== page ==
Blog Carnival #15 | Science | Smithsonian

Blog Carnival #15

Dino documentaries, paleo art tips, why dinosaurs matter and more

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That’s Entertainment: In the wake of the “Clash of the Dinosaurs” fiasco, David Hone at Archosaur Musings, has drafted a brief “manifesto” on the dumbing-down of dino documentaries. “If you want your show to be a trashy dinosaurs fighting show then fine, do it,” Hone writes, “but please don’t pretend it’s a serious examination of palaeontology.” For more on the de-evolution of documentaries, see this earlier essay we posted on how sophisticated special effects are increasingly blurring the line between science and fantasy.

Artistic License Revoked: “Learn from my folly,” advises Craig Dylke at Art Evolved, who offers helpful tips on paleo-art after making some rather embarrassing mistakes in an attempt to accurately portray a Squalodon (a whale-like species with teeth).

Why Dinosaurs Matter: At the Whirlpool of Life, Scott Sampson pens an eloquent essay on why dinosaurs are more than “prehistoric eye-candy” and play a vital role in science education: “These ancient creatures can be used to demonstrate that every ecosystem on Earth, whether in the Mesozoic or the present day, is the culmination of millions upon millions of years of co-evolution between and among life forms. Since their heyday overlapped with the fragmentation of Pangaea, dinosaurs also provide an excellent forum for communicating the workings of plate tectonics and the physical evolution of our planet. They can even serve as able guides as we contemplate such pressing issues as global warming….and mass extinction.”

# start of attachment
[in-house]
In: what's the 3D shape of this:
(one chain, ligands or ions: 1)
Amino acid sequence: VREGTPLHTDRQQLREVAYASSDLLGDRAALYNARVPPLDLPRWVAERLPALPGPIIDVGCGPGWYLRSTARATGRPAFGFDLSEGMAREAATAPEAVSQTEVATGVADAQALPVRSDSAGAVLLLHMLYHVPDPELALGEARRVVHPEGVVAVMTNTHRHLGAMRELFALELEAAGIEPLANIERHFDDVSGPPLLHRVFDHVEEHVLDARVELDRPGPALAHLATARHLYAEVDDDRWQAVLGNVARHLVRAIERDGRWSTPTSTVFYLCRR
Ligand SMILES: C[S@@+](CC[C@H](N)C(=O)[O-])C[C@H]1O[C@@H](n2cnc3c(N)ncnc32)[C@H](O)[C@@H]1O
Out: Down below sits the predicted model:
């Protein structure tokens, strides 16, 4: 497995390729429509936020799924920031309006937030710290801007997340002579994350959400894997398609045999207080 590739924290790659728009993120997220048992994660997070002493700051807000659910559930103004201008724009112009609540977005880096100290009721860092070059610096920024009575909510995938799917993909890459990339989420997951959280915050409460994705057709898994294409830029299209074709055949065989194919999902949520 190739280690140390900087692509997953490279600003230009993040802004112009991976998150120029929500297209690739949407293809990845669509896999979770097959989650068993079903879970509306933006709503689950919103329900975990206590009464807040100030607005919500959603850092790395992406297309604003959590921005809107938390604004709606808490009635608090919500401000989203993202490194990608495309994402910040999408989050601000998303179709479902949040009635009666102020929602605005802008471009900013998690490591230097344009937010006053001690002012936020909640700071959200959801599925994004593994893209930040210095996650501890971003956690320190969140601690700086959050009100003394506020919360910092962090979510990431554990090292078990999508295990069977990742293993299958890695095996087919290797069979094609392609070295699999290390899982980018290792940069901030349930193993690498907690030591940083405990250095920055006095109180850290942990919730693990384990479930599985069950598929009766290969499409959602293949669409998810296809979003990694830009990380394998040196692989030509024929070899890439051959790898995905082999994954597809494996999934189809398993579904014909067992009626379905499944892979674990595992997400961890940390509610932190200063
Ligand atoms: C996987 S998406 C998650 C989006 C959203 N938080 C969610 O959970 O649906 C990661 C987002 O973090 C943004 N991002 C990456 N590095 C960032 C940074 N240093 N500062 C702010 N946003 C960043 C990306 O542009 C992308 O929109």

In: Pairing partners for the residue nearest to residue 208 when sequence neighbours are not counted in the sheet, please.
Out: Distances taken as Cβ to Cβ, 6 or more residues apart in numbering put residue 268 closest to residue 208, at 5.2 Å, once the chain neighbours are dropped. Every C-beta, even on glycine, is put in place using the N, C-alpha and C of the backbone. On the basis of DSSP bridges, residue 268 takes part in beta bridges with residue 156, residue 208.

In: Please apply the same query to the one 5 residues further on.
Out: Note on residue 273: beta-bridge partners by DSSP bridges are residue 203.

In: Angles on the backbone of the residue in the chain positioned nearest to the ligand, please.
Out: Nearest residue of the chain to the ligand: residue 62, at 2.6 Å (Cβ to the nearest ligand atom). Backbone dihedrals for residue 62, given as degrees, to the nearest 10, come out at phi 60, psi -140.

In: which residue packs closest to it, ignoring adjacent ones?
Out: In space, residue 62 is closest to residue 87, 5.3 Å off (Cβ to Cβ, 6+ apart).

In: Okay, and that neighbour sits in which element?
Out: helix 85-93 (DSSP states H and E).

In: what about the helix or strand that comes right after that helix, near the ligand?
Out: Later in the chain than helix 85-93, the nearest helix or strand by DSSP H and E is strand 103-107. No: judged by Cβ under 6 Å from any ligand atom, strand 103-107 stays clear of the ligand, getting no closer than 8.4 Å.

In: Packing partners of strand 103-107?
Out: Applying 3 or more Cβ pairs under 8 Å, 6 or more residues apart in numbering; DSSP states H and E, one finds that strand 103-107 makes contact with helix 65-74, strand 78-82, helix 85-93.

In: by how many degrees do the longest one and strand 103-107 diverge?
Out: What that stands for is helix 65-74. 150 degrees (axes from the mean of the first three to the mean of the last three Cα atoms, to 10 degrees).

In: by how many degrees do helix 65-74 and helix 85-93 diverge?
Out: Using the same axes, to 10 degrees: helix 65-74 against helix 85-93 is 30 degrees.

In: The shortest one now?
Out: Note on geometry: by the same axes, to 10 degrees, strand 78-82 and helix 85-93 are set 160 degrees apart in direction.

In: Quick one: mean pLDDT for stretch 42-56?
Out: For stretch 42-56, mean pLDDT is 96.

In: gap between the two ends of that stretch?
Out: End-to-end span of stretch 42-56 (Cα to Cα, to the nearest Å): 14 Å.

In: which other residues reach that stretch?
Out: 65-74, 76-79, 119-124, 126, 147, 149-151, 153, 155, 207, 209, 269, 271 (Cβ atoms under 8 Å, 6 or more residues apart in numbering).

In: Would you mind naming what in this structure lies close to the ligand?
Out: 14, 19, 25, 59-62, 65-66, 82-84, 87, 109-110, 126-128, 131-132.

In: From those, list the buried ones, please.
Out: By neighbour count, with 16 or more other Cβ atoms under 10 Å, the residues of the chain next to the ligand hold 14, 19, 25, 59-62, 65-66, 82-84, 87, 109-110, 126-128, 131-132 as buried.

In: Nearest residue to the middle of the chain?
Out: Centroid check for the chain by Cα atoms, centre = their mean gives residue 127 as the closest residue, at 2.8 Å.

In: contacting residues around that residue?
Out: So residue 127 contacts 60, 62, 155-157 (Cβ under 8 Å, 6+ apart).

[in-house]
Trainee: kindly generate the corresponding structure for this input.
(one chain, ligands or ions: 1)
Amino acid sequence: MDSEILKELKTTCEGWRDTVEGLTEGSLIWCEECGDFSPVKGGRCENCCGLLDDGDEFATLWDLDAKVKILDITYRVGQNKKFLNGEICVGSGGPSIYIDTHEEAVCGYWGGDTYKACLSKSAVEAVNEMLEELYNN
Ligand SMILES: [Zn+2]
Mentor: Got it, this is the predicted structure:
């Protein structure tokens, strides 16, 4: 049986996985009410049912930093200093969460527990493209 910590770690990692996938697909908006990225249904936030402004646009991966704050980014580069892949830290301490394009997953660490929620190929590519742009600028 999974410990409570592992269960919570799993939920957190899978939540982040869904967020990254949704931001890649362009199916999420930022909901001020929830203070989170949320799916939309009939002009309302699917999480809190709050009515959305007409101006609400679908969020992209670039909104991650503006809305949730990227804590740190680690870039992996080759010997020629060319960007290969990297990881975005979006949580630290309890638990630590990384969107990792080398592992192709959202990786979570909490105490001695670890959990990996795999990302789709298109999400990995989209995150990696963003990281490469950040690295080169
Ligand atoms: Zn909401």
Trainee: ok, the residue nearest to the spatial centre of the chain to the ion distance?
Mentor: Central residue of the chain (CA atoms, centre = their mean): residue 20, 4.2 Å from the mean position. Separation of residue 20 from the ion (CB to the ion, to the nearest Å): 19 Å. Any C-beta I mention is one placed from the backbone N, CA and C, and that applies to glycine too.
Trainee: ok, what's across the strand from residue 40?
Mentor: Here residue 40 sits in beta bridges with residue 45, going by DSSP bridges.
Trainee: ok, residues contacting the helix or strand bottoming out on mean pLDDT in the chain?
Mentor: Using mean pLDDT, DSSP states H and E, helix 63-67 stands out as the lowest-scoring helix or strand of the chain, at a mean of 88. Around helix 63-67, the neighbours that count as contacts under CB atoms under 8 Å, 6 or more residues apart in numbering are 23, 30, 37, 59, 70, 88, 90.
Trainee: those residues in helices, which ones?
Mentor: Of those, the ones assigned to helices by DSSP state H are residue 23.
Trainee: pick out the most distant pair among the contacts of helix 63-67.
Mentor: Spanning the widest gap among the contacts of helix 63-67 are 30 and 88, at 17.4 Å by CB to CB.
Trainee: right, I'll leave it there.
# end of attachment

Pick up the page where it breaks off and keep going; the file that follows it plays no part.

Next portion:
Neck the Halls: “Ever since we started working on Sauroposeidon, Rich Cifelli and I dreamed of seeing the reconstructed neck on display,” writes Matt Wedel at SV-POW! “That vision has come to fruition.” See their photos taken at the Oklahoma Museum of Natural History.

Y Not? The Disillusioned Taxonomist, who has been blogging an A-to-Z guide to British wildlife, was disillusioned to learn that not many scientific names begin with “Y.” Still, his determined research prevailed. Meet Yaverlandia bitholus.

Why Dinosaurs Hate Christmas: Ediacaran explains.

Not Amused: “I usually try to stay away from politics on my site—that's one of the advantages of writing about creatures that have been dead for 65 million years,” notes Bob’s Dinosaur Blog. Yet Bob’s ire was raised by this political cartoon, suggesting that dinosaurs became extinct because they listened to the advice of climate change activists.

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